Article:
Let’s think back to Teacher Standard 2. Every lesson has to have a lesson objective, but how do we achieve this? If we break it down further, this is related to how purposeful and engaging the activities planned in your lesson are. Planning lessons requires careful consideration of sequencing and transitions, as well as being able to foresee the mood of your pupils in advance. For example, you may wish to link your lesson to particular events that are going on during the year, or you may need to think about how you will help your pupils to liven up first thing on a Monday morning. Timing and pace is key.
- Adapt teaching to respond to the strengths and needs of all pupils
Know your pupils. Some may have EHCPS (Education, Health and Care Plans) or IEPS (Individual Education Plans). Make sure you are familiar with the school’s provision for pupils with SEND (Special Educational Needs and Disabilities). A part of your teacher training will require you to be critically reflective about your practice, which means you need to constantly be asking yourself about pupils’ behaviour, engagement, and progress in your lessons. These reflections and background information will inform your practice and help you adapt your lessons.
- Make accurate and productive use of assessment
Be familiar with assessment procedures and exam board requirements. There are two types of assessment: formative and summative – make sure you can explain the difference between them. I’ll let you do your homework on this one.
- Manage behaviour effectively to ensure a good and safe learning and working environment
Read up on some techniques used by teachers to create stimulating and comfortable environments for pupils. There are five steps to achieving success with your pupils: Safe, Happy, Engaged, Learning, and Progressing. Safety comes first, if pupils are unsafe, it is best to abandon all other priorities. If they are not happy or engaged, they will not pay attention to your lessons. Make sure their behaviour for learning is correct before you attempt to soak them in knowledge: if they are too noisy, wait until you have their full attention.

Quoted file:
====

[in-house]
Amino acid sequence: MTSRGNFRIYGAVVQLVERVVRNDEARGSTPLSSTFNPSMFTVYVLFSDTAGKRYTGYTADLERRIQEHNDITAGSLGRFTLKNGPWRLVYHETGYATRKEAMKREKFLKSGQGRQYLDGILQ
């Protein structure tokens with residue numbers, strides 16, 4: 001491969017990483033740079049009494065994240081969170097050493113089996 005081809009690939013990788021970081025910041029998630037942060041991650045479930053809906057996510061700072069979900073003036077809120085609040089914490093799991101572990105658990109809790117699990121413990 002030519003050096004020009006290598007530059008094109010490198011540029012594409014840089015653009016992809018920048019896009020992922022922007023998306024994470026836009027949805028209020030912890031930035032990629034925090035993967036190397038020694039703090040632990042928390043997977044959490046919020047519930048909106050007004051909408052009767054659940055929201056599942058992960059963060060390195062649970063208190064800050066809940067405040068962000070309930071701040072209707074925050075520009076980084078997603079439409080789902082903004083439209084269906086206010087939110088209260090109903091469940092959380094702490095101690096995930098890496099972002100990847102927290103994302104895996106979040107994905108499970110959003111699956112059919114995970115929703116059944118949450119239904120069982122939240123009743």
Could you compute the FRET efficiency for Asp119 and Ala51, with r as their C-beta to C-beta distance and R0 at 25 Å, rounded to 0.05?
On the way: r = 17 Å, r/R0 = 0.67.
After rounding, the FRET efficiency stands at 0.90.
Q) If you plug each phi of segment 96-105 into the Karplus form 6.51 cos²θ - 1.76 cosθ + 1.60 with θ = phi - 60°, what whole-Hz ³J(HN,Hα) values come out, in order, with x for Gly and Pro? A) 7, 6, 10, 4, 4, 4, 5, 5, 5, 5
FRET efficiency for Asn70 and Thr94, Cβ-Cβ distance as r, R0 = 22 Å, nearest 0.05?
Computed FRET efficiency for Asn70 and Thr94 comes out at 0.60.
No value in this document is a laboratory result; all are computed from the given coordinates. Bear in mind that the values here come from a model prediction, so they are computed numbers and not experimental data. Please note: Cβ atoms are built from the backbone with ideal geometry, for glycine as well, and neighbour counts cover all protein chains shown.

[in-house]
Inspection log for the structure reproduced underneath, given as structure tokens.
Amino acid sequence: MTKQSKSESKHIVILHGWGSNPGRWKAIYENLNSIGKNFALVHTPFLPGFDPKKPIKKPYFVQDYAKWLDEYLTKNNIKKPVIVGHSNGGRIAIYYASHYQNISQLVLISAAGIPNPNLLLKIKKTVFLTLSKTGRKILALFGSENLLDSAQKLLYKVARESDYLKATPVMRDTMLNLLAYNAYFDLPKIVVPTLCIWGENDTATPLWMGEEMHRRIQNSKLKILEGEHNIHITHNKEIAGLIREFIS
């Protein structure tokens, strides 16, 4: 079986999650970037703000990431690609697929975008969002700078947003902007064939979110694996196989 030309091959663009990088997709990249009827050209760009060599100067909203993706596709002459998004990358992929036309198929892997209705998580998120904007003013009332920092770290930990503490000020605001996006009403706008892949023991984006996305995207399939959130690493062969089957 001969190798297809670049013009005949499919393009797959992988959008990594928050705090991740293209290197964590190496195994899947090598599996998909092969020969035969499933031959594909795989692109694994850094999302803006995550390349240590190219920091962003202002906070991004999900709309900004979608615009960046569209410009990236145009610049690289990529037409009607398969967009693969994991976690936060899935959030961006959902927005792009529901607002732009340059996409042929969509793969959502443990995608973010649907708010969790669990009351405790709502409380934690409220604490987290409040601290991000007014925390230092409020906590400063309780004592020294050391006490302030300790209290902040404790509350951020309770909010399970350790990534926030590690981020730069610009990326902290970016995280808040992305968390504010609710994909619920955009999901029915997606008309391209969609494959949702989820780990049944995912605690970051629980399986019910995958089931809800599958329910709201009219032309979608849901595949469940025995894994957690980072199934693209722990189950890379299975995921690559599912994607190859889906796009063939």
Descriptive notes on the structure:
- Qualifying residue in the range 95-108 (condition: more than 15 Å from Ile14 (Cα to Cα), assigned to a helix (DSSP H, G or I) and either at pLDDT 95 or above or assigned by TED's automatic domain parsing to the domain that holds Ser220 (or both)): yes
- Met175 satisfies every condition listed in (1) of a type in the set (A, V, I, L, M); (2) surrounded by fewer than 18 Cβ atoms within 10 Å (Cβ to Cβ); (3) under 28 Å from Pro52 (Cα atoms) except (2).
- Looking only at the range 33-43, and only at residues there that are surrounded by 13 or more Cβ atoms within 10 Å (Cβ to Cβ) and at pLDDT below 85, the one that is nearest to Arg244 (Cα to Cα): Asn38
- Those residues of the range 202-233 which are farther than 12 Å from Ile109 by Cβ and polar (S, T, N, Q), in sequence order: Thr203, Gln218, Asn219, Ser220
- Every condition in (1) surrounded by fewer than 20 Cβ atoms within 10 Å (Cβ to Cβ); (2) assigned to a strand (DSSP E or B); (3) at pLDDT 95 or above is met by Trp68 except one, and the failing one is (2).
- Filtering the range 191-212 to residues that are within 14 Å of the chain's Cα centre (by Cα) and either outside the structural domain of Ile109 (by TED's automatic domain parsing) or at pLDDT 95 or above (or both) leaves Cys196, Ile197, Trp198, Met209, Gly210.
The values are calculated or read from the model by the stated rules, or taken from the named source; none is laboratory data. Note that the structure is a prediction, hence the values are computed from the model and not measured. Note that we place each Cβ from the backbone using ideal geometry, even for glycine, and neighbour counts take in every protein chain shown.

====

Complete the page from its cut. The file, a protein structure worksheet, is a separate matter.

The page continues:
- Fulfil wider responsibilities
There is more that goes on in schools than just lessons. You will be required to do break and lunchtime duties, run afterschool and homework clubs, liaise with external agencies and organisations, deal with parents – the list can go on and on… Don’t be afraid to put yourself out there and try new things you may not have done before – on one of my school placements, I learned how to play squash!
Personal and professional conduct
This goes back to being a good role model and takes it further by setting the expectation for you to be a trusted member of the school and wider community. It might be time to start thinking about your professional image and make those photos on Facebook of those wild nights out private. Before you work at a school, read through their policies to ensure you are well-prepared for what is expected from you.
Getting experience may prove tricky, but you may already have relevant experience from working with your own family members, volunteering for clubs, or having any kind of leadership role. Have you considered teaching English abroad? Private tuition is also a more informal way to build up your teaching skills.
Today, there are so many avenues into teaching, so do your research and find out which one will work best for you in terms of professional development and financial support. You may wish to take a more traditional route, such as by doing a university-led PGCE, which you could later use to complete a Masters in Education. You may prefer a more hands-on experience, by starting as a Teaching Assistant in a school and later progressing to do a SCITT. There are now Postgraduate Teacher-Apprenticeships, which may be a more viable option financially. Whichever path you choose, remember you are one step on your way to changing the lives of hundreds, if not thousands of children with whom you will work during your teaching career.
Getting Buggers to Behave (very popular, oft-read on classroom management)